The principle that candidates in elections be treated fairly by the media is one that helps ensure the integrity of our city's polls. But the strict and inflexible rules applying particularly to broadcasters' coverage of campaigns do not always serve the interests of keeping the public informed. And in the case of the ongoing campaign for next month's Legislative Council polls, they threaten to turn some election forums into a farce.
A combination of these regulations and the record number of candidates contesting some geographical constituencies is causing broadcasters big problems. The regulations require that equal time on air is given to each candidate in an election. Even if one candidate appears on a programme that is only partly devoted to the election, his or her opponents must be offered an equal opportunity to appear.
Televised election debates are no exception. All candidates must be given the same treatment. As a result, broadcasters say they will have to extend air time from an hour to 90 minutes to accommodate more than a dozen candidates in some constituencies. This compounds a clash with Olympics programming, with some debates having been moved from prime time to late evening while the Games continue.
Such debates provide an important forum for all candidates to explain their policy platforms and familiarise the public with their personalities and backgrounds. Established political figures have to share the forum with lesser-known candidates. While this is scrupulously fair, it makes for long, unwieldy debates. There are limits to the flexibility of TV programming - and viewers' attention spans. In any case, voter interest tends to be focused on the better known and more experienced candidates who have a more realistic chance of being elected.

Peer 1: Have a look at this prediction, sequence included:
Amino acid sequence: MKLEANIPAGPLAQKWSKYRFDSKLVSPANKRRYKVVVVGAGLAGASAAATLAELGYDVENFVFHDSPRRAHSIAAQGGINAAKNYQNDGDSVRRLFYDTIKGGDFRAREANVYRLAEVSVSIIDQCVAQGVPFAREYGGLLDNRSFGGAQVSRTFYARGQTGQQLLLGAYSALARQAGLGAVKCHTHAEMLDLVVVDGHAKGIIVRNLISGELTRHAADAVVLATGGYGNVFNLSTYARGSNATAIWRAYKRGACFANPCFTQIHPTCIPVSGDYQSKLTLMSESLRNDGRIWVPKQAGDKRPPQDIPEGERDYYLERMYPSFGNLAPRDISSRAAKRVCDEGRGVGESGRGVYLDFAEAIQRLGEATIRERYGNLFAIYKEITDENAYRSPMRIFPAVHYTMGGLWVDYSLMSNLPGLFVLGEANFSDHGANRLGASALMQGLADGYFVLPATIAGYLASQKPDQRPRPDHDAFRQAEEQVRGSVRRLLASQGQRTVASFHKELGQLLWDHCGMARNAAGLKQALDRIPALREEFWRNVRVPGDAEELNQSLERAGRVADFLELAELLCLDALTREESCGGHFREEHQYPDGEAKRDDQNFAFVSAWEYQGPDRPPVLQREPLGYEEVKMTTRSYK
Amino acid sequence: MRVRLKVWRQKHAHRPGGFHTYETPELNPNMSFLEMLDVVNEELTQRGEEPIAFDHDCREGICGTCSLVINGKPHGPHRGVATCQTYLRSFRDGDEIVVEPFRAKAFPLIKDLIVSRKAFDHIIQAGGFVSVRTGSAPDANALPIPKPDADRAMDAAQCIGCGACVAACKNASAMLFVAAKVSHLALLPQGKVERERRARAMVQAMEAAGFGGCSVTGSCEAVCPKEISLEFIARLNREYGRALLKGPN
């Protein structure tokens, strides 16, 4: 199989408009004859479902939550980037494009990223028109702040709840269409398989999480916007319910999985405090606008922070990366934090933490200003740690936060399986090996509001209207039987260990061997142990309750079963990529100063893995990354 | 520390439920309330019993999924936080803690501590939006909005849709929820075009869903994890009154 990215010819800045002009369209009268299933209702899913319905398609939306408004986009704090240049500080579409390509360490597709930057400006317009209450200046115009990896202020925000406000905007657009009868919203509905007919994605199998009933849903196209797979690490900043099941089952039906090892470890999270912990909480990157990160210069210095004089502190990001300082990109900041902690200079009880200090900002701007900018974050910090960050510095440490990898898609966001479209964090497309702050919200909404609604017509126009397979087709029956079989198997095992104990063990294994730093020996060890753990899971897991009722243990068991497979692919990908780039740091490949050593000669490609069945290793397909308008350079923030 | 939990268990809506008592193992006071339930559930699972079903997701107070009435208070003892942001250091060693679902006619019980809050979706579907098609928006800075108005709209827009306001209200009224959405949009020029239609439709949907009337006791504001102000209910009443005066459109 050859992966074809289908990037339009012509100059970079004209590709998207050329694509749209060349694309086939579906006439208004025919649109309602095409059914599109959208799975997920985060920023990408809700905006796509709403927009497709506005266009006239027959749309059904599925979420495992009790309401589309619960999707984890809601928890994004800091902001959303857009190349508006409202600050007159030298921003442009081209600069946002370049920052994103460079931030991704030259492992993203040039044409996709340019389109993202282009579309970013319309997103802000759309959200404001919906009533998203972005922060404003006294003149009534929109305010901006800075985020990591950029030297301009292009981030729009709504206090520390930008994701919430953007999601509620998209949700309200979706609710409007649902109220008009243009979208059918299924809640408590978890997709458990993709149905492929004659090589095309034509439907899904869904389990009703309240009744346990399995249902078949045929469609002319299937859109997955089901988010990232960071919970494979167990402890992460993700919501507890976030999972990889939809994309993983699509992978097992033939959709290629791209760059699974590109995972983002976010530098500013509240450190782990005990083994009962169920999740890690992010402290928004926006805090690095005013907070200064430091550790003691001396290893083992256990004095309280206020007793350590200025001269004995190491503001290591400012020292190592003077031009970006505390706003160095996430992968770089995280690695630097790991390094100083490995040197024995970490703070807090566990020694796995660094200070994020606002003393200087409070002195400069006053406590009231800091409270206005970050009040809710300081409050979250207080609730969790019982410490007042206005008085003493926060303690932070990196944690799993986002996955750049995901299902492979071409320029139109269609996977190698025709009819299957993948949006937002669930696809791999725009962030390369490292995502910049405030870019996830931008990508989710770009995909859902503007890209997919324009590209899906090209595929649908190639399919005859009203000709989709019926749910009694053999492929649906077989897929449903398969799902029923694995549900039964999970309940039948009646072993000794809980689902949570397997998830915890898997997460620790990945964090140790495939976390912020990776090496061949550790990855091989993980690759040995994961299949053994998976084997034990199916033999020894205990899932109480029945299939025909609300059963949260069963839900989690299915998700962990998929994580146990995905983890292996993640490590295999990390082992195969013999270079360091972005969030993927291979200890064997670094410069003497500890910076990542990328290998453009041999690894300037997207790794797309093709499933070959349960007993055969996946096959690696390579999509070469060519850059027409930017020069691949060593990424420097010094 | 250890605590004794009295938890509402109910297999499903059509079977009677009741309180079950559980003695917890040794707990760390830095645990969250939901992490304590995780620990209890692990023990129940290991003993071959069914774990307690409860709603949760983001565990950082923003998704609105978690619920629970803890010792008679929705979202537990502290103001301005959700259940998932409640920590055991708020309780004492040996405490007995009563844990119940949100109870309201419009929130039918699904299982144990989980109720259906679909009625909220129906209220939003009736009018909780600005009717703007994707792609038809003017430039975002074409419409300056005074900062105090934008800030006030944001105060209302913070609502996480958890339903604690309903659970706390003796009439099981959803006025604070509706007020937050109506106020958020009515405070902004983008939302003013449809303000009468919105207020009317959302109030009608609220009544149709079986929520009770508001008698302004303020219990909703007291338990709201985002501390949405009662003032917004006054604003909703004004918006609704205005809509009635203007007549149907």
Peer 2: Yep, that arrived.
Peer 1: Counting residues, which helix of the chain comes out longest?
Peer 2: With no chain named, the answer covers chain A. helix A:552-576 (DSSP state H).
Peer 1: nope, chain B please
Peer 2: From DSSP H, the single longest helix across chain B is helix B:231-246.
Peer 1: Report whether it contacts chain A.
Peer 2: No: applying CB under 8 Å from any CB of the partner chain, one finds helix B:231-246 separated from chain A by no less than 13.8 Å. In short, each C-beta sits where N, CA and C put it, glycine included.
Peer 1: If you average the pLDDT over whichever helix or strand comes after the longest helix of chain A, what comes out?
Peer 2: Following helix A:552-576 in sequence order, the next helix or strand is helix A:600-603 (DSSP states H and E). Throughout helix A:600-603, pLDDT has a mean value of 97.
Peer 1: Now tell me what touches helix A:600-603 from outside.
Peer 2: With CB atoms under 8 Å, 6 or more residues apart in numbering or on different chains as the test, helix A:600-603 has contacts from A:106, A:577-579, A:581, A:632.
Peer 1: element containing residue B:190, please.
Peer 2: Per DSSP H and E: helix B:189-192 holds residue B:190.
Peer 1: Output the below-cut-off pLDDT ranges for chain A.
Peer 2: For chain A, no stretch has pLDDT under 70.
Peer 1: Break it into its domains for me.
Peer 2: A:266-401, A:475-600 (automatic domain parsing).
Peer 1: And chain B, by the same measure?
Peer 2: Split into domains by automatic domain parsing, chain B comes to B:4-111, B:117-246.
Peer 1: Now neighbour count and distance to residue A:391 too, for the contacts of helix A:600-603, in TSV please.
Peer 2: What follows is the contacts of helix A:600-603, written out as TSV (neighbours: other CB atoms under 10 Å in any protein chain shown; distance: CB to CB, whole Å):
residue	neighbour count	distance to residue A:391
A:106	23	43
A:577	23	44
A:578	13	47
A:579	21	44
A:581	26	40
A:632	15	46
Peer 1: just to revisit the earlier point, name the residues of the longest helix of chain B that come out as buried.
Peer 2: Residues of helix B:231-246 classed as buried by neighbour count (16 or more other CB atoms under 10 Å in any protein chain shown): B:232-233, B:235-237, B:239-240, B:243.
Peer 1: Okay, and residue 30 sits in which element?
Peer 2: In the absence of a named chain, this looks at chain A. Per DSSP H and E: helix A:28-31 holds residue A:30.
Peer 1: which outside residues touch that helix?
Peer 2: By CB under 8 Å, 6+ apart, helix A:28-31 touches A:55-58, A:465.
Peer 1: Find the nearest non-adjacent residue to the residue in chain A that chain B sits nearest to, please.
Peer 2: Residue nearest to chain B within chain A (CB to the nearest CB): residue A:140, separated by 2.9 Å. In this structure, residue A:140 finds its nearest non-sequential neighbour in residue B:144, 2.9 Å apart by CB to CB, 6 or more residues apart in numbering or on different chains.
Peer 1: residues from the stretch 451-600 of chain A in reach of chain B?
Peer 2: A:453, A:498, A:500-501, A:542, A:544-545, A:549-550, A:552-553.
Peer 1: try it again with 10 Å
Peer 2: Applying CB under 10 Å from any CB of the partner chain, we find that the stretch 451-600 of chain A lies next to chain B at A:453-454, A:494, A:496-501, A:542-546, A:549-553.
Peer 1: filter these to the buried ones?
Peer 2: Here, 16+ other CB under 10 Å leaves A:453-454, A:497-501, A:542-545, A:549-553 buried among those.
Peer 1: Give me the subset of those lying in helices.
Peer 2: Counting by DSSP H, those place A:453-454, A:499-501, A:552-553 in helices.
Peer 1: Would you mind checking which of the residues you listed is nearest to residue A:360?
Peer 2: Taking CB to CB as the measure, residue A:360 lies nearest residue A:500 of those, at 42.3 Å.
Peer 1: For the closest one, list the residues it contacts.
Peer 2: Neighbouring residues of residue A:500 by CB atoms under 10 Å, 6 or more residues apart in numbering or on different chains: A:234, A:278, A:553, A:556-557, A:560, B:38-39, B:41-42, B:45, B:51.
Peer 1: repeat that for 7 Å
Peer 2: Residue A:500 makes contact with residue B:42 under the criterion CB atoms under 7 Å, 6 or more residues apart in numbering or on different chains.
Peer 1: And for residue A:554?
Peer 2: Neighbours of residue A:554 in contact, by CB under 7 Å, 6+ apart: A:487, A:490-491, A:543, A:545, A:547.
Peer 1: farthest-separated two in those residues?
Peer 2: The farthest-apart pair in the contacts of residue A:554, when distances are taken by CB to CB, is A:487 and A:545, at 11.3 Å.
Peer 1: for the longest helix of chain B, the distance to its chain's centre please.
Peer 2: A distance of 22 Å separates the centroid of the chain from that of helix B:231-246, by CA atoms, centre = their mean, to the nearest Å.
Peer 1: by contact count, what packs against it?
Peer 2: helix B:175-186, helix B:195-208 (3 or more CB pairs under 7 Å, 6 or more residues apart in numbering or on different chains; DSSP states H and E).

The circumstances are peculiar to Hong Kong. That is not to say that other countries have perfect recipes for fair elections. Democracies elsewhere, for example, regularly fine-tune their systems. But without a stronger political party system, it is difficult for Hong Kong to adopt the solutions tried elsewhere. Political parties lie at the heart of the arrangements in Britain, Australia and Canada. The latter two fund the parties directly in proportion to votes won and the money helps fund campaign costs including party political broadcasts. This is on top of private and corporation donations that must comply with electoral laws. Britain does not fund them but allocates parties free time on TV according to their representation in Parliament.
If elections are dominated by a small number of strong political parties, it is easier to allocate air time between them in a way that is both fair and presents voters with clear choices. Hong Kong's more fragmented political environment, with many different parties, groups, and independent candidates competing, does not lend itself to such an approach. Hopefully, as our city's political system matures and our parties develop, this will become easier in the future. A political party law which enhances their status would help this process.
In the meantime, however, the sensible step would be to change the rules in order to give broadcasters more editorial flexibility, allowing them to make sensible decisions about the content of their programmes. The result would be more-focused and lively election coverage that better informs the public. There is no reason why this cannot be done objectively and fairly.